Mission: To survive a week of free camping in the Canadian Rockies in cold weather.
My daughter Indigo arrived at the end of October, and with her came my excitement to get back on the road; in particular taking on the challenge of some cold-weather van-camping. My logic was that being “brave and hearty” would be more achievable together.
Before I describe what we learned, I’ll define “cold weather” and “camping” because it’s different for everyone. I live in a four-season climate in Eastern Canada. My cold weather includes the chance of snow, ice pellets, sleet, black ice on roads and below-zero temperatures. It does not involve mountain weather, which we would be facing.
I don’t have a heating unit in the van (other than the heat that runs when the van is running) and my kitchen pulls out the back. So, my capacity for winter camping is limited to mild to moderate winter weather by Canadian standards. Not “dead of winter” camping.
We began our journey in Edmonton at the end of October; travelled through Jasper and the Icefileds, went to Revelstoke, Hope and finally arrived on the west coast of Canada. We then joined family on Vancouver Island. It was an amazing journey through some of the most beautiful land Canada has to offer.
Here are some tips and tricks we learned from our week travelling through the Canadian Rockies, where daytime temperatures ranged from -5 to 8, and night temperatures ranged from 1 to -13.
Do not leave things to chance when there is a possibility of winter weather. Weather changes quickly in the mountains, and through the passes. Be methodical in your collection of information. Take the information seriously.
• Consult Environment Canada frequently
• In addition, use a dependable weather app, but realize you may not always have cell service to access it
• Always visit an info centre just prior to going through passes, to be advised of conditions and open routes. Some routes close once snow begins. Twice we had to change plans due to emerging weather.
• Be aware that overnight weather may prevent you from leaving sites you easily parked at the night before
• Fill your gas tank at every opportunity; I prefer to always drive with more than a half tank of gas. Service stations are limited through much of the West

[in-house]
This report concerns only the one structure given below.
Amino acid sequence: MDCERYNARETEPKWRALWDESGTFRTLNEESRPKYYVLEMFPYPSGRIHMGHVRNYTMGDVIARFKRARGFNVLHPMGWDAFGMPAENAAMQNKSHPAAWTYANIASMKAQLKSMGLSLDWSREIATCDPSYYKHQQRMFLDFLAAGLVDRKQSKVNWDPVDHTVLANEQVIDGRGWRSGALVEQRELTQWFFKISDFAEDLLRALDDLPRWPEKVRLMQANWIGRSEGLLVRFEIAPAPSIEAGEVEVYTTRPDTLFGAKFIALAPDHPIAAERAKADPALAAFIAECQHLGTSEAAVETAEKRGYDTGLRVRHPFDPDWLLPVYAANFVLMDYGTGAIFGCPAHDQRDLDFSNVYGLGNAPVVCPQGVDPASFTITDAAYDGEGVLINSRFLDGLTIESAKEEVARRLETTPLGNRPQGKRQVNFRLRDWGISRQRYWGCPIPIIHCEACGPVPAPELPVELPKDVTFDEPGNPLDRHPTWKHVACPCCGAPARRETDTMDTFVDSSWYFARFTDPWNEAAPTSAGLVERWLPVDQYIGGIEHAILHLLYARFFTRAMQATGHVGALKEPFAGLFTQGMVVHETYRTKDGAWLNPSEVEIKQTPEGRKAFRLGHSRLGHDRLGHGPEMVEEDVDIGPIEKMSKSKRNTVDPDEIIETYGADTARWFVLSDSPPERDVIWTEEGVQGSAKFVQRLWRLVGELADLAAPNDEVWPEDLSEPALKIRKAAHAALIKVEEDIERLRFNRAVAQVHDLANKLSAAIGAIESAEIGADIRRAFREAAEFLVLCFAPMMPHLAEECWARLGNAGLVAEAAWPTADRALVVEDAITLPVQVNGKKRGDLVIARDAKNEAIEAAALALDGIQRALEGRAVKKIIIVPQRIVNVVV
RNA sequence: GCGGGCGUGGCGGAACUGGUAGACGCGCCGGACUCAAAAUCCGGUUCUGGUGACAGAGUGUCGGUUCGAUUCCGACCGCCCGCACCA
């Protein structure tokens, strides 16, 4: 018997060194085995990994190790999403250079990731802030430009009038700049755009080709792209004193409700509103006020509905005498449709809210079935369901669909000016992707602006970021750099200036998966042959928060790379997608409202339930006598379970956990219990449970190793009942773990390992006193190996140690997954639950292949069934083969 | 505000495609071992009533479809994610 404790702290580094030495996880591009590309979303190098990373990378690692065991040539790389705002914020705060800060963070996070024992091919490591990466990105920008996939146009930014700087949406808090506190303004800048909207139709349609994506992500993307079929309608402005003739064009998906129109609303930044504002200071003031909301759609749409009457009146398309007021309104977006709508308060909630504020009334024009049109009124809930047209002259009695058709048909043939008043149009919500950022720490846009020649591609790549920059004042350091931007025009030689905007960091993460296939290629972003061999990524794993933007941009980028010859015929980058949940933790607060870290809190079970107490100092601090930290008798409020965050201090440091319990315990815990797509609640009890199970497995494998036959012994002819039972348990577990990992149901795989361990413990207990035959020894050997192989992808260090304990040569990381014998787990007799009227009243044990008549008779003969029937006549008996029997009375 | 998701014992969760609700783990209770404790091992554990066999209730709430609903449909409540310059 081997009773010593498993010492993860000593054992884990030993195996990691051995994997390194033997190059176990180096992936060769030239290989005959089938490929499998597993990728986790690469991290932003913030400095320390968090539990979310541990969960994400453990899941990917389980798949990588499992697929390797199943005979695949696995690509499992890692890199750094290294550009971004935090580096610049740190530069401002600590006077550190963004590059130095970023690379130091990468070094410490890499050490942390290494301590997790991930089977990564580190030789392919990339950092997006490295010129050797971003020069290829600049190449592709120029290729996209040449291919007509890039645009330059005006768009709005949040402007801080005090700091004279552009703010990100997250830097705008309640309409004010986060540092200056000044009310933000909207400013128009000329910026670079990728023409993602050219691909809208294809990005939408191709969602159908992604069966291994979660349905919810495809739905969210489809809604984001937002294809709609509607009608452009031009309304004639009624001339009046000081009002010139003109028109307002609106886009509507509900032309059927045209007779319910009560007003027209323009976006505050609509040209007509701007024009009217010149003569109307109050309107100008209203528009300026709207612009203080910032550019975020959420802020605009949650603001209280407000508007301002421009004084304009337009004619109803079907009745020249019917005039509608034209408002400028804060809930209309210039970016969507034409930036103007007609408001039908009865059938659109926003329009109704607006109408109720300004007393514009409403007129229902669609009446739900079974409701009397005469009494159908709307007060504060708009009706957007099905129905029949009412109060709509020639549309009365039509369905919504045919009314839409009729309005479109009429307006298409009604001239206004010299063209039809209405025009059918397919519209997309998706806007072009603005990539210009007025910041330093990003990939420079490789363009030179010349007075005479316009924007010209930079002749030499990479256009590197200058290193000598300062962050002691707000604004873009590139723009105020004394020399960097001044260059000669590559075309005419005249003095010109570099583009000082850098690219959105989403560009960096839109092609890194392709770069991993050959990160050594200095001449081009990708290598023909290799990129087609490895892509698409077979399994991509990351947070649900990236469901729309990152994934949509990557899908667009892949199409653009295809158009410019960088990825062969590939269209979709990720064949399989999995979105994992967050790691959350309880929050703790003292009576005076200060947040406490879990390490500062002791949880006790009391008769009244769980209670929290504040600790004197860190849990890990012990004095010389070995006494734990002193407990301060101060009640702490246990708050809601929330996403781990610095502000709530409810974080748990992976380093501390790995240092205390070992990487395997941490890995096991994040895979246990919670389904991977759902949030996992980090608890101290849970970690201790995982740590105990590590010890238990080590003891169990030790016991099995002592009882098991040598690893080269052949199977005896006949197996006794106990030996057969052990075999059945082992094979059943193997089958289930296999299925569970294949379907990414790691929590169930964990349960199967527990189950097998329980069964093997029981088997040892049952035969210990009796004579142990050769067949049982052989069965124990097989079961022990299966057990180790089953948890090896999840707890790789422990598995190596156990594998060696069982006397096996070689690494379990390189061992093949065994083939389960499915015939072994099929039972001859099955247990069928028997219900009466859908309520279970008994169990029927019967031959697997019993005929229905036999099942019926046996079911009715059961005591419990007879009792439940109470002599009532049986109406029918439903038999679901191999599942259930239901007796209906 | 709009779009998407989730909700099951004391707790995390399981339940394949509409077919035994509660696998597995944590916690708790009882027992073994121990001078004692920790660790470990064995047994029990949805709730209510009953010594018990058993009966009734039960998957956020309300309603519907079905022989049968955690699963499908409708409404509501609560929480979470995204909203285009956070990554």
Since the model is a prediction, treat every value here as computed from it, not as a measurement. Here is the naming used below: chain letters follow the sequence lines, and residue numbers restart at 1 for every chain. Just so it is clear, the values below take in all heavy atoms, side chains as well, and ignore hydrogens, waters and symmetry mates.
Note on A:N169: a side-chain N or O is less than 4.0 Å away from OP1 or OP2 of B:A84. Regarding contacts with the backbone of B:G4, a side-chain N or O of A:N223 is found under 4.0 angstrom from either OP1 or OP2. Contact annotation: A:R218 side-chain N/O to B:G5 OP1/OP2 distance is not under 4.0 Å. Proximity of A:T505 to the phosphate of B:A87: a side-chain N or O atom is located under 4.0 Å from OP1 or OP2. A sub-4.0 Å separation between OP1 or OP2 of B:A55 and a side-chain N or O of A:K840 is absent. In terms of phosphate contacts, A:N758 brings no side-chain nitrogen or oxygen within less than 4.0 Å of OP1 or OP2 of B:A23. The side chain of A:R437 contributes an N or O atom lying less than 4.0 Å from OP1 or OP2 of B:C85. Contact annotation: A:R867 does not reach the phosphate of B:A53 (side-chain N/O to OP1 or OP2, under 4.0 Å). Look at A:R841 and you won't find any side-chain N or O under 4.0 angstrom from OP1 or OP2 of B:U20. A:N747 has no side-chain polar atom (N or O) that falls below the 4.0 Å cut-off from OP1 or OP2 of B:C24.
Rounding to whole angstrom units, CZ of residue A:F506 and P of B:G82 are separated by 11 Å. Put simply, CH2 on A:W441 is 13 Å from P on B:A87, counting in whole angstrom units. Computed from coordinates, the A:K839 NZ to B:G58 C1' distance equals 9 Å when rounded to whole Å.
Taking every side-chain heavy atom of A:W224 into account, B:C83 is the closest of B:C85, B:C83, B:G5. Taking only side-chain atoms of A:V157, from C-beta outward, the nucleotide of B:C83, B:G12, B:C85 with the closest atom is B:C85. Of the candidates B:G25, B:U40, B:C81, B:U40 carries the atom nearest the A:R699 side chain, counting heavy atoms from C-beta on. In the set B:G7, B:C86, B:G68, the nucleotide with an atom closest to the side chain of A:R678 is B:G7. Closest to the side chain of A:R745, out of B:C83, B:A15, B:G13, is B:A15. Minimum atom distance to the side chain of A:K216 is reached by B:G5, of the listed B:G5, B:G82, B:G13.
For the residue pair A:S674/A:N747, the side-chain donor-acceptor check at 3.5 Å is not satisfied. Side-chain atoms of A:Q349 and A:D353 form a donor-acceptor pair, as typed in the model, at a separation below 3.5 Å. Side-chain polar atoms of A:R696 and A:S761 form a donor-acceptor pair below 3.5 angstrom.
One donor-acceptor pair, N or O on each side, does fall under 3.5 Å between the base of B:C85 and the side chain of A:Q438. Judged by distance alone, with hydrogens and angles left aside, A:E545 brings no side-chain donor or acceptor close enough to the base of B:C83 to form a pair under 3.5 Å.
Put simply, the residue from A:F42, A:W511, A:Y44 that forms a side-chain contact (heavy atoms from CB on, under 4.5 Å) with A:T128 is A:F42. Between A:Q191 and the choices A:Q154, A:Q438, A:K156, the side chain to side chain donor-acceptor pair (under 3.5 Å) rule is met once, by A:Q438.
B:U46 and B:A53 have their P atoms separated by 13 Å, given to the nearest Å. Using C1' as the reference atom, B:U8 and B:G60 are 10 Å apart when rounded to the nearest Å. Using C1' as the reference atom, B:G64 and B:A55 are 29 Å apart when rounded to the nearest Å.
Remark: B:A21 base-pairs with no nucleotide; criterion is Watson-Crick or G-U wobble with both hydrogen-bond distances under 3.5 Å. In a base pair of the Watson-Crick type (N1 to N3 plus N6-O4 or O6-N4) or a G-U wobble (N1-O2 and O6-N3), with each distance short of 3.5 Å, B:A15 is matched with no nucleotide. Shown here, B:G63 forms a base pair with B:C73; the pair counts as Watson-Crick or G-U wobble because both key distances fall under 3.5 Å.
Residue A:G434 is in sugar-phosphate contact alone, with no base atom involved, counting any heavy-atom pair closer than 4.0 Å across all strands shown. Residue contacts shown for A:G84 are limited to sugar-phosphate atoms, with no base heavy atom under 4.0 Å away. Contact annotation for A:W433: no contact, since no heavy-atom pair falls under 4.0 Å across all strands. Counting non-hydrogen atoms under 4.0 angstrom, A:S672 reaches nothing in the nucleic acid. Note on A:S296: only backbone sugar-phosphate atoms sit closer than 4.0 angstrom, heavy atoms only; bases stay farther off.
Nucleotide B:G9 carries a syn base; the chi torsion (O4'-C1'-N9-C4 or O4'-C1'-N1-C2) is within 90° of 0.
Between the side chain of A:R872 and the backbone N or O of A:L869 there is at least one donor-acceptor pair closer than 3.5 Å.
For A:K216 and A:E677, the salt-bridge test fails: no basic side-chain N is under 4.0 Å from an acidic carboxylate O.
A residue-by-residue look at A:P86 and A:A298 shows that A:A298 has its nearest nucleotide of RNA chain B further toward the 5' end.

• Carry extra water, food and emergency supplies. If you have van troubles or health issues on the road, there are MANY areas without cell coverage, and you will need to wait for help. Highways are much quieter during late fall and winter
• That said, it is advisable to have roadside assistance program if possible. At least when someone finds you, you can be towed.
• Let friends or family know where you are and when you expect to be off- grid. It’s important your absence is missed by someone… anyone!
• Plan your day so you arrive at your destination well before dark. Driving after dark is dangerous due to elk and mountain goats and sheep on the road and makes setting up difficult.
2. Have the right stuff:
Opinions on what one should carry on board during the winter will differ from person to person. You need to have the equipment that you are comfortable using. Our ”right stuff” for this trip included:
• Down duvet and winter (-8 degree) sleeping bag
• Adequate winter clothing (warm fleece, hats, mitts, scarves, socks)
• Window snow scraper
• Insulated window coverings
• 12V mattress pad warmer
• Emergency rubber treads (to give wheels traction if you slide off road)
• A way to heat up food and drink (we have a propane stove) and thermoses to keep it warm
• A mechanically-sound vehicle – this is no place for your vehicle to break down! Have your adventure-mobile serviced beforehand
• First Aid Kit • An extra key secured firmly to underside of van
3. Nourish Thy-Self!
Travelling and sleeping in cold weather is demanding on the body and can take a bit of a toll on your emotions too. It takes a lot of calories to stay warm and having hearty, warm meals will keep spirits from freezing over and your sense of humour thawed. It will also help keep you healthy. Here are some things that helped us eat well.
• We kept it simple. Cans of soup, beans, broths, and stews were our friends. The less time outside cooking, the warmer our hands stayed and the better our dinner tasted.
• We often made enough for two hot meals, and put half in a thermos for later
• We drank a LOT of hot beverages. Coffee, tea, hot water and lemon or just hot water helps warms you from the inside out, and also warms your paws.
• We often delayed breakfast until the sun came up. We travelled during the cold morning hours because it felt good to get the van started and to turn on the heat right away. It was a bit too jarring to jump out of a warm bed into the cold!
• Get as much physical activity as is healthy and enjoyable for you. A good brisk walk, or any physical activity outdoors will warm you up, especially your hands and feet, and especially just before getting into the van, or bed. Indigo was a wonderful motivator, and we did a lot of hiking and climbing during our week!
4. Use Community Resources: